I saw this video here. This is Wisconsin Department of Agriculture, Trade and Consumer Protection (DATCP) agent Jackie Owens attempting to carry out an inspection at the farm of Vernon Herschberger. Like Dan Allgyer in Pennsylvania, Herschberger is in the middle of the national debate over raw milk. In some ways their cases are very similar.
One thing that struck me in watching this video was the civility of the proceedings. While Ms. Owens was clearly frustrated and exasperated that the Hershbergers were not cooperative, she never lost her cool. She did a good job playing the good cop.
This civility was noted in the blog and comments, with various political spins attached, but I want to look at it from a different perspective. (And let's also leave aside the fact that this interaction was recorded, and how that may have changed her demeanor.)
If this is how regulators act when investigating a relatively powerless independent farmer, how do they act toward the big players? Is civil authority sometimes too civil?
What if Ms. Owens were investigating, say, Dean Foods, ConAgra, or Monsanto? Of course she would probably get lunch, maybe cocktails. She would meet with someone who was paid to know not only all the right lawyer-vetted things to say, but how to schmooze and flatter. She would get assurances of full cooperation ("Have your lawyer call my lawyer next Tuesday..."). Who could blame her for coming away with a better impression, emotionally if not intellectually?
Even if she was meeting with a farmer-supplier to one of these giants, she would still get a nice glossy brochure and assurances of corporate back-up, which if things escalated might lead to lunch and schmoozing but probably not to confrontation and open defiance.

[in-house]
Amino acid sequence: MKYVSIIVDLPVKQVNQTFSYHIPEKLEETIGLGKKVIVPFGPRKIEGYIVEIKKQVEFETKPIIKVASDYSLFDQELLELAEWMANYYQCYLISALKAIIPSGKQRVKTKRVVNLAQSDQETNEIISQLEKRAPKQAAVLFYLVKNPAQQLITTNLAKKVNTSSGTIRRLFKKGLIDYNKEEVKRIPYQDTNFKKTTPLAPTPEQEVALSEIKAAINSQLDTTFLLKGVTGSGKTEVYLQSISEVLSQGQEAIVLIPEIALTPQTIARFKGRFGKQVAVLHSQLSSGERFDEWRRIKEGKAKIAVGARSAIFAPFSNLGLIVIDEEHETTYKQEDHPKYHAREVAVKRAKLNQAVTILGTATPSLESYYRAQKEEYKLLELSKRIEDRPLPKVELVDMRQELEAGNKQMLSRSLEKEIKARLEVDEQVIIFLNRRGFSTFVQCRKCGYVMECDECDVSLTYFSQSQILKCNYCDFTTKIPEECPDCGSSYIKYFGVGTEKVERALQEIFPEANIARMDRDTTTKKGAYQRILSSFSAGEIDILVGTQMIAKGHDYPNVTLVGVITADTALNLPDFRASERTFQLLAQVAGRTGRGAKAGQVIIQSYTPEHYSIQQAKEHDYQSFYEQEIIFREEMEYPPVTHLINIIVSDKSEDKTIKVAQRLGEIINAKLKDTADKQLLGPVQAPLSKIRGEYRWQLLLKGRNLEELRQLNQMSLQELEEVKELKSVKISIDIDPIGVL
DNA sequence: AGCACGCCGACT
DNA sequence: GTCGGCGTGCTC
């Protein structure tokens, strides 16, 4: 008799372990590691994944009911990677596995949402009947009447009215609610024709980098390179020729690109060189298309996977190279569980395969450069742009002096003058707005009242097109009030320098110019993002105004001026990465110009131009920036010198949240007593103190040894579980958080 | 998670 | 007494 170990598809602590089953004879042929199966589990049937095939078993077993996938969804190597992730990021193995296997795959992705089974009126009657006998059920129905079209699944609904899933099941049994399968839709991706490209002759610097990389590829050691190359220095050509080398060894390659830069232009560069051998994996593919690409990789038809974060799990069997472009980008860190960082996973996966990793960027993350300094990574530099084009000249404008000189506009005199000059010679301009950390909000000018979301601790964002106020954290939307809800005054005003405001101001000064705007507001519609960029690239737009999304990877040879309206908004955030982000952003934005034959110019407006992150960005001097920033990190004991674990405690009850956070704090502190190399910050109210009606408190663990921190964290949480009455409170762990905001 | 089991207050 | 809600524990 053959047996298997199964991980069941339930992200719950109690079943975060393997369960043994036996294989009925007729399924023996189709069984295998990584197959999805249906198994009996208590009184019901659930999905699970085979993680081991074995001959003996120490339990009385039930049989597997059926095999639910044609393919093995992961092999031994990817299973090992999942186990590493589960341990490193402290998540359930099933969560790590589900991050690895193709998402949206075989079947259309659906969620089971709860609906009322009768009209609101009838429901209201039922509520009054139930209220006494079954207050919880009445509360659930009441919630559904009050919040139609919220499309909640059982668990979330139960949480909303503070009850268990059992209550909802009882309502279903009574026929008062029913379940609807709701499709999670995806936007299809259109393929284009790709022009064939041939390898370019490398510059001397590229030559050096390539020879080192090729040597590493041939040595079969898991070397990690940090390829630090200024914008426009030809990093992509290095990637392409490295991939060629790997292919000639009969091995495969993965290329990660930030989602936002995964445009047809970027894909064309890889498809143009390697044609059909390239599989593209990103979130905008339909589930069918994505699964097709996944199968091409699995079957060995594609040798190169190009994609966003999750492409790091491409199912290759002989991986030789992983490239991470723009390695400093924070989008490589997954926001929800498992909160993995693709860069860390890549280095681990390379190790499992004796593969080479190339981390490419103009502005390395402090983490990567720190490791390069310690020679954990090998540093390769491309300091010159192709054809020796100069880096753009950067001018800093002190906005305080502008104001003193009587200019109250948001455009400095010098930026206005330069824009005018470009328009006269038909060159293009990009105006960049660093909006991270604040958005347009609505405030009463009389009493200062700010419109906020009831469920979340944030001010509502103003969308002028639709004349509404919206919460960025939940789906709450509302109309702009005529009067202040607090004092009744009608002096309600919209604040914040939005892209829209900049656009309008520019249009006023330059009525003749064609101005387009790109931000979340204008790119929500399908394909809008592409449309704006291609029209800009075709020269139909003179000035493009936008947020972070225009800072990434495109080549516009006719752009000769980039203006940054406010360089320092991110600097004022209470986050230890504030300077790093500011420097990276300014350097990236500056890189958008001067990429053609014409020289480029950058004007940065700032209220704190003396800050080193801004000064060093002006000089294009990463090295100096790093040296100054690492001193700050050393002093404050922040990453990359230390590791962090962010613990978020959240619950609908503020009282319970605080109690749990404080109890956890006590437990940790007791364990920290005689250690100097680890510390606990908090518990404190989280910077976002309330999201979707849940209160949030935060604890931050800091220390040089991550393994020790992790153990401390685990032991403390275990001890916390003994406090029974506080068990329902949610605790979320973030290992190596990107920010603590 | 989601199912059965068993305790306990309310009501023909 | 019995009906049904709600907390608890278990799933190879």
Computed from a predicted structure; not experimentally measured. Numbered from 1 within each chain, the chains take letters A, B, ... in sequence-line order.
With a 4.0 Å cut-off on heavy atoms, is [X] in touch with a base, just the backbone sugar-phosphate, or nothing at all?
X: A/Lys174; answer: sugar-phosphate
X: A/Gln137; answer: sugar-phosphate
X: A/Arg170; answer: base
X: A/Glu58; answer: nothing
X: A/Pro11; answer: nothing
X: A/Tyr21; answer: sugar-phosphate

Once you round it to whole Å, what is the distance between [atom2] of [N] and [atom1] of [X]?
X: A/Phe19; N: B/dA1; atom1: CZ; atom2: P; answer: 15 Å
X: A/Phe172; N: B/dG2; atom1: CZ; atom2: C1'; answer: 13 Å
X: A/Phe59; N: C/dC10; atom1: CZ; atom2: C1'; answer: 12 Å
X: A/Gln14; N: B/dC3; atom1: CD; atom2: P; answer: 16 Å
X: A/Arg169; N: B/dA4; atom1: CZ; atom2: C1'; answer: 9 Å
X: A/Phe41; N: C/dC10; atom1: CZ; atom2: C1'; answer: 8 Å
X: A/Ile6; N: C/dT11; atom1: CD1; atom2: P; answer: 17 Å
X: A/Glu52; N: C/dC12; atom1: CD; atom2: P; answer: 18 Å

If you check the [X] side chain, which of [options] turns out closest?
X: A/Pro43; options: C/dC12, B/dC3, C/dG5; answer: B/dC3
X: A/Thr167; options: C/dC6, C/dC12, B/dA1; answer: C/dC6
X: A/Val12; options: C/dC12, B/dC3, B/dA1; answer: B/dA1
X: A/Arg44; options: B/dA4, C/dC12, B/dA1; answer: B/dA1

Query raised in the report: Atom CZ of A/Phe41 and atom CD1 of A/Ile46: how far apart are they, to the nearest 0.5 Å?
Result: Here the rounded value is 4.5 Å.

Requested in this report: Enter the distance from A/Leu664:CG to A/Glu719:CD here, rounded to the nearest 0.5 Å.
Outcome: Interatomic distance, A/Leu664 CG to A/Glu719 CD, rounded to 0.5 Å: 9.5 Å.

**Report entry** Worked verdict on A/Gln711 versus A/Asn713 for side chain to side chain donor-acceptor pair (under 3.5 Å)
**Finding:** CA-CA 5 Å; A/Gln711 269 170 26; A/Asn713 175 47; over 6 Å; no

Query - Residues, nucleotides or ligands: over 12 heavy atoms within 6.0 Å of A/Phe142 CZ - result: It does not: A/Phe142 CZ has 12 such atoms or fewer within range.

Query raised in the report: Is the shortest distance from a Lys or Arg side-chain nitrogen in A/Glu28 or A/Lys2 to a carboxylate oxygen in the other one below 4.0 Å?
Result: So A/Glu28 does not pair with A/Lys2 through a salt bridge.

You've probably heard the metaphor of the fox guarding the hen house. Well, this is more like the sheepdog running with the wolf pack. It is common enough in government-business relations to have a sober academic title: agency capture (aka regulatory capture). It leads to the culture of complacency, collusion, and neglect that has been blamed for oil spills, mine collapses, and other industrial calamities over the years. It also leads to, and results from, the revolving door that turns hen house guards into foxes and vice-versa.
Of course it doesn't start in the workplace. As surely as the pamphlets in a urologist's office are published by the makers of Viagra®, industry has its hands in the relevant departments of colleges and universities, trying to win the hearts and minds of tomorrow's regulators. Some effort starts before that too, but the concentrated targeting fits well with the specialization of higher education.
The regulators and the largest companies in the industries they are supposed to regulate, then, are on the same team. They may have their internal squabbles, but when it comes to competition for dollars or public opinion they pull together. Small independent producers are the competition. They don't have enough power or influence to buy their way into the club, so they must stay out of the way or face the consequences.
The way to change that is the same way anything has ever really changed in this country, through grassroots activism, demonstrations, boycotts, and civil disobedience. For more info visit http://rawmilkfreedomriders.wordpress.com/.